Monday, February 15, 2010

Eric's Kitchen in Jersey City: Stuffed Mussels

I grew up in Norwalk, CT, hometown of the Oyster Festival and went to high school right near Mystic, CT, another hot-spot for Connecticut seafood. My Mom says my Dad gave me my first raw clam when I was 1, although I've heard this isn't necessarily a good idea... I guess what I am getting at is that I love seafood! I hadn't made stuffed mussels in a very long time and thought it was high time I tried it again. The first time it was mostly Parmesan cheese and butter. THis time I thought I'd make it more about the broth and white wine.

1 bag of fresh mussels, cleaned and de-bearded
1/2 cup White Wine (I used a Chardonnay)
1/2 cup Plain breadcrumbs
1/4 cup Grated Parmesan cheese
1/2 Red Pepper, finely chopped
Fresh Parsley, chopped, about a handful
1 tbsp minced garlic
1 tbsp butter
black pepper

Anytime you make Mussels you need to make sure they are clean and de-bearded. The A&P near us happens to have pretty clean Mussels so it wasn't much work but I used a scrubbing pad and double checked for beards and yanked out the ones I found under cold water.

The first part of this recipe is to steam the Mussels until they open. I used the White Wine to steam them. Watch them carefully and take them out as soon as they open to ensure they don't get overcooked when you bake them. See the picture to the right for reference. When mussels or clams steam they release their juices into whatever you are steaming them in, creating a wonderful broth. I always use this broth for something and this time is no different.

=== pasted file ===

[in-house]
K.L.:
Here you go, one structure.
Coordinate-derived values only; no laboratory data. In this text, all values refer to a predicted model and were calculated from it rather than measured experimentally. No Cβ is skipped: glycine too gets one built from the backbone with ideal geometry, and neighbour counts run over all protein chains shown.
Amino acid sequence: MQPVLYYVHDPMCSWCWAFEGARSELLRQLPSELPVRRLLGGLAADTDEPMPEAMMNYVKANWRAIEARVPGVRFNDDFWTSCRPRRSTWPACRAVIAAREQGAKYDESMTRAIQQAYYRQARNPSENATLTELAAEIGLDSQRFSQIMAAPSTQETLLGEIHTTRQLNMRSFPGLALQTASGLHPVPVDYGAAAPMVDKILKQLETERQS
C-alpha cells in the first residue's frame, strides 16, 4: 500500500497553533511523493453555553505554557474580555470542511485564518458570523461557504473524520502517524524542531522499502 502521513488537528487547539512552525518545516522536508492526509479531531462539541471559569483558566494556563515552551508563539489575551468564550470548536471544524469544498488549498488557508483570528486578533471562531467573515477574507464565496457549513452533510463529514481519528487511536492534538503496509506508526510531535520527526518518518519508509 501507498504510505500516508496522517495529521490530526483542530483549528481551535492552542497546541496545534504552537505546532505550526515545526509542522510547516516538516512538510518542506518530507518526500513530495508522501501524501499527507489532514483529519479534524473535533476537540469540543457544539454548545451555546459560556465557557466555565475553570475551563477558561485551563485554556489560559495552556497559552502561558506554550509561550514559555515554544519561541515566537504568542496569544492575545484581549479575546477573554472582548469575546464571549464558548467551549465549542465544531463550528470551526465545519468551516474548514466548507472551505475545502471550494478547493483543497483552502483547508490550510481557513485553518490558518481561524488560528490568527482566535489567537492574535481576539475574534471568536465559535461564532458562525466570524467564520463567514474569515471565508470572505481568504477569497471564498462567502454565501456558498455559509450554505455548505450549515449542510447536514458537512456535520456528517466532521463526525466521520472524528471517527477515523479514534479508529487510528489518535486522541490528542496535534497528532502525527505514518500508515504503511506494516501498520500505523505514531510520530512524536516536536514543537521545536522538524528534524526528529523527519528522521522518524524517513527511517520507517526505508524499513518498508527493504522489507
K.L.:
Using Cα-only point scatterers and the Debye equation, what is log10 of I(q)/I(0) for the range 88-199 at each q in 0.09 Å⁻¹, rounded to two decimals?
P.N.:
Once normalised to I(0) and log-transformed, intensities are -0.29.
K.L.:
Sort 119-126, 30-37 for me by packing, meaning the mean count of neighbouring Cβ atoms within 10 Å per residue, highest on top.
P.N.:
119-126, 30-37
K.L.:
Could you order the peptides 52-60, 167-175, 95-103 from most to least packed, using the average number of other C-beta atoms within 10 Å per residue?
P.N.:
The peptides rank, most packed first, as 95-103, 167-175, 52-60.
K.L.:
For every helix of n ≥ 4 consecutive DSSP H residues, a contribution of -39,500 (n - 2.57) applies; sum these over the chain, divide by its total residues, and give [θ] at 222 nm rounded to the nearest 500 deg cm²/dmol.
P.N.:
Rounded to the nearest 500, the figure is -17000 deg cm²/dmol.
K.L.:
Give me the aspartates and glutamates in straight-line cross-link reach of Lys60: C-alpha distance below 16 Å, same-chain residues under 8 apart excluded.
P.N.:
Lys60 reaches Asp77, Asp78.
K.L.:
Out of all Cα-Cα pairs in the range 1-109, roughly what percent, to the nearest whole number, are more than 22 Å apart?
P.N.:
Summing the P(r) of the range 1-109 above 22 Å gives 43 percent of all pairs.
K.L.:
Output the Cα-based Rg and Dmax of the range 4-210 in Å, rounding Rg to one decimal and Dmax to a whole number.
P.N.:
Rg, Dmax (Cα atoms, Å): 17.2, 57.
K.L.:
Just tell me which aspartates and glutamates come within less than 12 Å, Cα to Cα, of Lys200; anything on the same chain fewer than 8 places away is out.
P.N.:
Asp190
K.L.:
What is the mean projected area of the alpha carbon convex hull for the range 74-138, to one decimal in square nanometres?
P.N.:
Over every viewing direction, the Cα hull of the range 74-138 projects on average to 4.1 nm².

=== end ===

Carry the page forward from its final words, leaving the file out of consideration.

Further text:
I took the mussels out, and placed the half with the meat on a baking sheet. I took the broth off the burner and added the butter, red peppers, and parsley. Ideally, you stir this mixture and put it in the fridge until it's hardened so you can spoon it into the halves and then dip them into your breadcrumbs easily. I learned this while preparing clams casino in seafood restaurants in high school. Unfortunately I didn't have much time so I just scooped up some of the mixture in the shell and spooned some breadcrumbs onto each one. This took much more time but allowed me to eat these the same night.

Once the pan was full of stuffed mussels, I placed them under the broiler and watched them like a hawk for when they browned. I served them in a bowl and spooned the rest of the broth mixture on top of them. They paired perfectly with the rest of the White Wine I used to cook them in. I was very happy with the results!

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